Sweeping restrictions on the import of industrial, agricultural and construction materials.

The suspension of almost all exports.

A reduction in the amounts of industrial fuel (used to operate Gaza’s sole power plant), benzene, diesel and cooking gas allowed entry.

A general ban on the movement of Palestinians through Erez, the only passenger crossing to the West Bank, except for limited numbers of “humanitarian cases”.

The closure of the Rafah Crossing, directly controlled by Egypt, except for intermittent openings.

A significant reduction in the fishing areas and farming land accessible to Palestinians.


On 19 August 2009, Assistant Secretary-General for Political Affairs, Oscar Fernandez-Taranco, briefed the Security Council on the situation in the Middle East, including the Palestinian question (S/PV.6182).  The following are excerpts of his briefing:

Since my last briefing and the open debate on 27 July on the situation in the Middle East (see S/PV.6171), there have been several important developments on the ground and continued international efforts to create the conditions for the prompt resumption and early conclusion of Israeli-Palestinian negotiations. United States Envoy Mitchell completed a regional visit on 29 July to seek commitments and  actions from the parties, including with regard to the implementation of phase I road map obligations, as well as on broader regional steps, as outlined by the Quartet in its Trieste statement of 26 June. The Quartet envoys met in the office of the Special Coordinator in Jerusalem on 31 July in a follow-up to the principals’ meeting in Trieste, and are expected to meet again soon.

     In the West Bank, the Palestinian Authority continues its efforts to impose law and order in Palestinian cities and towns. Since mid-June there has been a notable decrease in the number of Palestinians injured by Israeli military activities, and we hope this welcome trend will continue. Attacks by Israeli settlers on Palestinians and their property continued, along with a lack of enforcement of the rule of law. Altogether, 24 Palestinians, of whom 5 were children, and 7 Israelis, all adults, were injured. There were no fatalities to report.

In last month’s briefing, we reported that Israel had eased some movement restrictions, improving access to certain West Bank towns and aiding efforts to improve living conditions and promote economic growth. According to the Nablus Chamber of Commerce, that city has seen a slow, albeit significant, revival of commercial activity since the beginning of the year. In addition, the Government of Israel announced that, as of 5 August, passenger crossing hours at Allenby Bridge will be expanded on a pilot basis, which we hope will ease the flow of the hundreds of thousands of Palestinians who visit the West Bank. This measure follows an earlier announcement of the expansion of commercial crossing hours, an important step for facilitating Palestinian exports.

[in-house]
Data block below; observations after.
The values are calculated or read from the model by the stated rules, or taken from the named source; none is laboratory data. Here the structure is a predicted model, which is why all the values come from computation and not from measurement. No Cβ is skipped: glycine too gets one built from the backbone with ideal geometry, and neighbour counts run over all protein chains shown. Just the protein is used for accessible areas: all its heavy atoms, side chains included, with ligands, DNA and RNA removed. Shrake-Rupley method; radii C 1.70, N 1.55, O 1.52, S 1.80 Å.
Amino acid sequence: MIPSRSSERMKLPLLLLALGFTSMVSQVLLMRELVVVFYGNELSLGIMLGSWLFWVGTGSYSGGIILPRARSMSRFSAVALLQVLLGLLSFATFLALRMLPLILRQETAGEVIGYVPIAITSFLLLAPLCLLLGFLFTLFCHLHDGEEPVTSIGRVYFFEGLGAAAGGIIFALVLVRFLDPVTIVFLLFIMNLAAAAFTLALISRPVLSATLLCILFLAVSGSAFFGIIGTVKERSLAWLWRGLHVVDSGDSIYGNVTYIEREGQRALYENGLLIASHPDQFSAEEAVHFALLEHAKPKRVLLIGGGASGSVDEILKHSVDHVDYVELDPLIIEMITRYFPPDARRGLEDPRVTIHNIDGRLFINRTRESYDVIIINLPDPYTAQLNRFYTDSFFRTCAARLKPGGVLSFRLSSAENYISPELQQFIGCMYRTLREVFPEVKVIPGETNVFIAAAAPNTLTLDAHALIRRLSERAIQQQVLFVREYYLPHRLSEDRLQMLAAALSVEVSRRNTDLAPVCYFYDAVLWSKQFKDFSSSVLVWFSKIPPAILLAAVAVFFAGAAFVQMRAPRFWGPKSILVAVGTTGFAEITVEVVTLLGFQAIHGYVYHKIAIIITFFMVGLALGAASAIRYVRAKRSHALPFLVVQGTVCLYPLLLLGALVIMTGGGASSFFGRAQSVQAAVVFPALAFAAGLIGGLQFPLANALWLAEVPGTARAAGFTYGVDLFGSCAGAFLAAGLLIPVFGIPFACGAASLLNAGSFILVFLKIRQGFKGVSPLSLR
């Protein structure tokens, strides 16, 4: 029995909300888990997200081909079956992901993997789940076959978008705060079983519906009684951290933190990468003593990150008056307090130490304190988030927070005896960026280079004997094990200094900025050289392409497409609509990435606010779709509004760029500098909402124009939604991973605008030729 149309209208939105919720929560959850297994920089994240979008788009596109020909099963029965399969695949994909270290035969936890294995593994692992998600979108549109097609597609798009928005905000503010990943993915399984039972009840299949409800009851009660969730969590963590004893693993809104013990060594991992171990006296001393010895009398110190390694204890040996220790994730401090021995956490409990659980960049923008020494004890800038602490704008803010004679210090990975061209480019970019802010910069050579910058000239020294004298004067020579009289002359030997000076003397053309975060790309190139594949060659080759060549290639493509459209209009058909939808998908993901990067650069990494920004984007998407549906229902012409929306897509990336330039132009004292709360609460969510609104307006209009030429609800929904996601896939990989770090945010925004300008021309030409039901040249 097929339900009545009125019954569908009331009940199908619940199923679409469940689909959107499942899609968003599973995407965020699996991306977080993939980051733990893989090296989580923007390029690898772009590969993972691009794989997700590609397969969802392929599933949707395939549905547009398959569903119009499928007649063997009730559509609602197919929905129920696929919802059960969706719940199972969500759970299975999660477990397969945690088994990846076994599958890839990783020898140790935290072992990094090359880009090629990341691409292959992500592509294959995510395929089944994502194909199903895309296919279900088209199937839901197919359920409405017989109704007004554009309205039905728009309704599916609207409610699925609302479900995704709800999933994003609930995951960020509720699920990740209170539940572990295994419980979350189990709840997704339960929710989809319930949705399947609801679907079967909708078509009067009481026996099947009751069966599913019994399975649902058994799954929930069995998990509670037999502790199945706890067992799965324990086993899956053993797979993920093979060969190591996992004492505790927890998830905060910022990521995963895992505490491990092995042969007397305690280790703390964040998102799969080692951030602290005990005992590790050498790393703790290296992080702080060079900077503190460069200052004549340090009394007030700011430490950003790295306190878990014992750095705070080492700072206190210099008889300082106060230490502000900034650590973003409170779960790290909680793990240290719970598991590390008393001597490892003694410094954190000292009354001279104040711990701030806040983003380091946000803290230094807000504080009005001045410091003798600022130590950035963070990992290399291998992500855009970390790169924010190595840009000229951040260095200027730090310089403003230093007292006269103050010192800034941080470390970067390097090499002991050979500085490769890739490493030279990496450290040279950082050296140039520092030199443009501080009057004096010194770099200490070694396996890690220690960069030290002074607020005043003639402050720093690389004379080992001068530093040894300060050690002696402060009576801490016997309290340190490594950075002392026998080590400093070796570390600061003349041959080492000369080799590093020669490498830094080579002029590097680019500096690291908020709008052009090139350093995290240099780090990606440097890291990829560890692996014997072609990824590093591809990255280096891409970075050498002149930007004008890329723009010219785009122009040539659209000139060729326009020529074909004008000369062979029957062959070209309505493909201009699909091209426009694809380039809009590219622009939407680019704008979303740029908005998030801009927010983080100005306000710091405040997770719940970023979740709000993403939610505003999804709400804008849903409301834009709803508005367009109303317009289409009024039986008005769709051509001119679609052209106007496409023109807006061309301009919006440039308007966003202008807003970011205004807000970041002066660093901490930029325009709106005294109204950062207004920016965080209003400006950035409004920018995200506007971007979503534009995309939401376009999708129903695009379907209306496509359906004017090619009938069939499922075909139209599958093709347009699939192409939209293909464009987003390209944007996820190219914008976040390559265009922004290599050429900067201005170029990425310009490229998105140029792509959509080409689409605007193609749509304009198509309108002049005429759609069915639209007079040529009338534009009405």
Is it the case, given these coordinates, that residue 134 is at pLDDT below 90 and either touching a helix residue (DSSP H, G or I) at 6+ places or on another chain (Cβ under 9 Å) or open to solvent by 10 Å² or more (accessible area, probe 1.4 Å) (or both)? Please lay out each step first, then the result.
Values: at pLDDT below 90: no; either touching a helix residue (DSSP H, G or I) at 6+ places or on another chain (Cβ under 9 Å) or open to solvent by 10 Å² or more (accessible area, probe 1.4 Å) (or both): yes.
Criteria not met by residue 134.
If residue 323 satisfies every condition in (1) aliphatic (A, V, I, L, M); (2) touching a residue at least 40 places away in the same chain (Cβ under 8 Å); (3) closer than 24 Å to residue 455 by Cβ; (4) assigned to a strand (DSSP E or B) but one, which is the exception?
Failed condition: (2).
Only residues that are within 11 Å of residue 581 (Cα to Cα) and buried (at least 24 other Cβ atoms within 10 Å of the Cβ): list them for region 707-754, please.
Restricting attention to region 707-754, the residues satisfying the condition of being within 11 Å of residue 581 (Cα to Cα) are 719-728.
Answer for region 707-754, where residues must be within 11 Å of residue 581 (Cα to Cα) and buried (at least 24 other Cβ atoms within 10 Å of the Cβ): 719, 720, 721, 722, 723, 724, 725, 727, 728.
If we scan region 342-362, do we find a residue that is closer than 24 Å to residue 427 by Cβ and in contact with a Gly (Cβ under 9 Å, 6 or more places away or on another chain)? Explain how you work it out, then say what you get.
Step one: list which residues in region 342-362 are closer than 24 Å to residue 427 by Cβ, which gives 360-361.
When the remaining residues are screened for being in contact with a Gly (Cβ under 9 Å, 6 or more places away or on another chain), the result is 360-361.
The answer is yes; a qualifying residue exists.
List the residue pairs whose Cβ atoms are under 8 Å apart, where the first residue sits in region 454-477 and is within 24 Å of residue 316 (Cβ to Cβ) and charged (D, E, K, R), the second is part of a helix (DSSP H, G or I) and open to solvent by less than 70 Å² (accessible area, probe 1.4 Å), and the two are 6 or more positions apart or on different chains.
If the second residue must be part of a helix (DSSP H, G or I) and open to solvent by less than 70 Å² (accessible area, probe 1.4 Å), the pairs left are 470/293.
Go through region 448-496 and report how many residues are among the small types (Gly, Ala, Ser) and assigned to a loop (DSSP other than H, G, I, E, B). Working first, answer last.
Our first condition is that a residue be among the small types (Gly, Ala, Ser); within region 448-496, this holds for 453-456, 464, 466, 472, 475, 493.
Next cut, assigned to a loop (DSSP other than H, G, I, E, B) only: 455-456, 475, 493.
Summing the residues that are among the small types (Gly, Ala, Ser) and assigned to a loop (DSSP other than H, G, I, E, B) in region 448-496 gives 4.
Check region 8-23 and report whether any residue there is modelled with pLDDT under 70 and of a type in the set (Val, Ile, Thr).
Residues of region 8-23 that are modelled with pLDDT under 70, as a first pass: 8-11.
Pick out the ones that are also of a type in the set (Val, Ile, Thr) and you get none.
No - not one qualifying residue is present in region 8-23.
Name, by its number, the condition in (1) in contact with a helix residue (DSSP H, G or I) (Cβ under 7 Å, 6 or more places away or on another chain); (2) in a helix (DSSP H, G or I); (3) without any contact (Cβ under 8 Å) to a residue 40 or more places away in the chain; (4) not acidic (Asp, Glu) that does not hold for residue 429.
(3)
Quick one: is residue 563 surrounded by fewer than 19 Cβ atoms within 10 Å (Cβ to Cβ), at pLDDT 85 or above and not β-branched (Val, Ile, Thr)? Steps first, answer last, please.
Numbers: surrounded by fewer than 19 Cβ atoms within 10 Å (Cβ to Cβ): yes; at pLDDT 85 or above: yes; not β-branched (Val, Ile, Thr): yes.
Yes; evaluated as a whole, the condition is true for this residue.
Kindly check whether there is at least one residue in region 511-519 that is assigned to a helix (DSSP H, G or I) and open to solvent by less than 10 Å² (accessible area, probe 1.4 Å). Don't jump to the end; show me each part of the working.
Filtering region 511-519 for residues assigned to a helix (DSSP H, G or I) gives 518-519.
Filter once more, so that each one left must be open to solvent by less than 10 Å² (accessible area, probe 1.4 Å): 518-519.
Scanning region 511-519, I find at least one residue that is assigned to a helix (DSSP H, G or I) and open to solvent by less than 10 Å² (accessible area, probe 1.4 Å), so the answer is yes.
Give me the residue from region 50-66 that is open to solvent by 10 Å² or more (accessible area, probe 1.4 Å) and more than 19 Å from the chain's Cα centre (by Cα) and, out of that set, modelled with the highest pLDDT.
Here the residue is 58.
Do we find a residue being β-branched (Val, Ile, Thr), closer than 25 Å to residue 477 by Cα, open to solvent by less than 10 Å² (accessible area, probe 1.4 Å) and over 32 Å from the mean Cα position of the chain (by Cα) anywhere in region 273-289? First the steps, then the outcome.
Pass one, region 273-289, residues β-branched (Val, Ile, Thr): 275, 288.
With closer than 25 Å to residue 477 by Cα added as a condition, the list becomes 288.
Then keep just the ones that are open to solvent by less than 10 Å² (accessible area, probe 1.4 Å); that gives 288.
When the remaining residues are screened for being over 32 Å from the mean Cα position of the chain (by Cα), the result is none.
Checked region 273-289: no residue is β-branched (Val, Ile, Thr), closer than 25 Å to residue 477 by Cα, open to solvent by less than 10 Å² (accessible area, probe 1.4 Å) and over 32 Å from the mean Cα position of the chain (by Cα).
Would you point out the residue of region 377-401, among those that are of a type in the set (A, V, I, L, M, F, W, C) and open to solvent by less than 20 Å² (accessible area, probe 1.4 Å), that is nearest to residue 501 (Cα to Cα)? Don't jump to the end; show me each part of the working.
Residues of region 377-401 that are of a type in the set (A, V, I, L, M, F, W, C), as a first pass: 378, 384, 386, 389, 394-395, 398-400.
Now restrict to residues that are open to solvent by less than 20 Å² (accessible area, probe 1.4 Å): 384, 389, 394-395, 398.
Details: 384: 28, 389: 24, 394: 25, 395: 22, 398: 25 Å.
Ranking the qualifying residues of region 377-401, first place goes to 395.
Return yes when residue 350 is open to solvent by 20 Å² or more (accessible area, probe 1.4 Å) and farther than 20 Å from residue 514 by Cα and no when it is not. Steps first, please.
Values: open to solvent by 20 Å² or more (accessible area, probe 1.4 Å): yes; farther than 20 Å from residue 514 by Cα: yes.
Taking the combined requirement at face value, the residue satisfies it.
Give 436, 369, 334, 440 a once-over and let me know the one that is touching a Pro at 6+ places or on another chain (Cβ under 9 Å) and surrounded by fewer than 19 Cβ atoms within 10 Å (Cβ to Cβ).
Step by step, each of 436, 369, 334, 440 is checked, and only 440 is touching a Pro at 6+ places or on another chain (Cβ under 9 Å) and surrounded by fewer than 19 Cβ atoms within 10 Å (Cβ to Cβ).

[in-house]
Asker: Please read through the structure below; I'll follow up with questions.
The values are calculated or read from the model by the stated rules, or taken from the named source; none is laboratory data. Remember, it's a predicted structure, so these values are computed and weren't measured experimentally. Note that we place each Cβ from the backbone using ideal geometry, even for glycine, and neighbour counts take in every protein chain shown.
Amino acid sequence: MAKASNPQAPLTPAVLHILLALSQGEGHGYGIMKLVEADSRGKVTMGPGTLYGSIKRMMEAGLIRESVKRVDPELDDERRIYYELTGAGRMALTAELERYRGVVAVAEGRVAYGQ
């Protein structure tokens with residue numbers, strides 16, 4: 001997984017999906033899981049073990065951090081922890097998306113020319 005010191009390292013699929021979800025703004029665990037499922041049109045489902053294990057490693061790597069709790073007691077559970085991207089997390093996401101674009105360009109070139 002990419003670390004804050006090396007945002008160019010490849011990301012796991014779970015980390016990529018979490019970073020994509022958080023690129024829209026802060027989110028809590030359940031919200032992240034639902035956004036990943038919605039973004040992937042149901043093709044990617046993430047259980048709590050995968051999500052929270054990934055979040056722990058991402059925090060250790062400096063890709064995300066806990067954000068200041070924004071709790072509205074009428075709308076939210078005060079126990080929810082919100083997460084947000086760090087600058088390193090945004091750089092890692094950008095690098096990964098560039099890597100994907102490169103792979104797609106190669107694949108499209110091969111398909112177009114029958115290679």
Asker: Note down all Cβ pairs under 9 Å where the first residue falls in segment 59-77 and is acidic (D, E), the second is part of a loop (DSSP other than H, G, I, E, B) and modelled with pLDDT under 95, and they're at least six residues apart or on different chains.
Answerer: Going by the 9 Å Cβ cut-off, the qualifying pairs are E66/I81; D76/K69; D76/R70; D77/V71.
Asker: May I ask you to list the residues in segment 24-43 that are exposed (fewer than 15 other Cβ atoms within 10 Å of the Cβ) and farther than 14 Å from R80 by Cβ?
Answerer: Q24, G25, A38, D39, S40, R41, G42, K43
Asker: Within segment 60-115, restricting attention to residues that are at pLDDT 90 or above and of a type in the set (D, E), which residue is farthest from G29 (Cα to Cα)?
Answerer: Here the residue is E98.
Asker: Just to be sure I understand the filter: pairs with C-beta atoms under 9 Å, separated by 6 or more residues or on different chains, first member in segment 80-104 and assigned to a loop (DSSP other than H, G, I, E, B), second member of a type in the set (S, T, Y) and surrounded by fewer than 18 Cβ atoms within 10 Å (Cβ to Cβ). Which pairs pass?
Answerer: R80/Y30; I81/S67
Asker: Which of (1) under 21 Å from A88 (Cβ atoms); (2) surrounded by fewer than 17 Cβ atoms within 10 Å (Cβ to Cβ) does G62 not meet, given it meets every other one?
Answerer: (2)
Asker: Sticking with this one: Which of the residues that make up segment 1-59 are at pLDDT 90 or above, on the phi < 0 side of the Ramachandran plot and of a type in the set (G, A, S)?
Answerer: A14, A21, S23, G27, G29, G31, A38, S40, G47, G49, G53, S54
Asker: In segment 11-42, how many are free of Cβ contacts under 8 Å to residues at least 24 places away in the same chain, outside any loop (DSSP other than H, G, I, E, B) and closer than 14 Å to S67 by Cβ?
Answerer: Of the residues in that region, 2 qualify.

We welcome these actions and the statement of the Government of Israel that it intends to take further steps to ease movement and access. This is essential if change is to become truly transformative, because significant obstacles to movement and access persist in the West Bank, including  around  East  Jerusalem;  the total number of obstacles stands at 614. Other measures that would greatly enhance economic development in the West Bank include further removal of obstacles; removal of the permit requirement for Palestinians to travel into the Jordan Valley; significantly improved access to East Jerusalem; an increased number of permits for Palestinian workers in Israel; and increased capacity of commercial crossings and redeployment of Palestinian customs authorities to Allenby Bridge. The easing of the tight restrictions on infrastructure development in Area C is also critical for Palestinian economic development.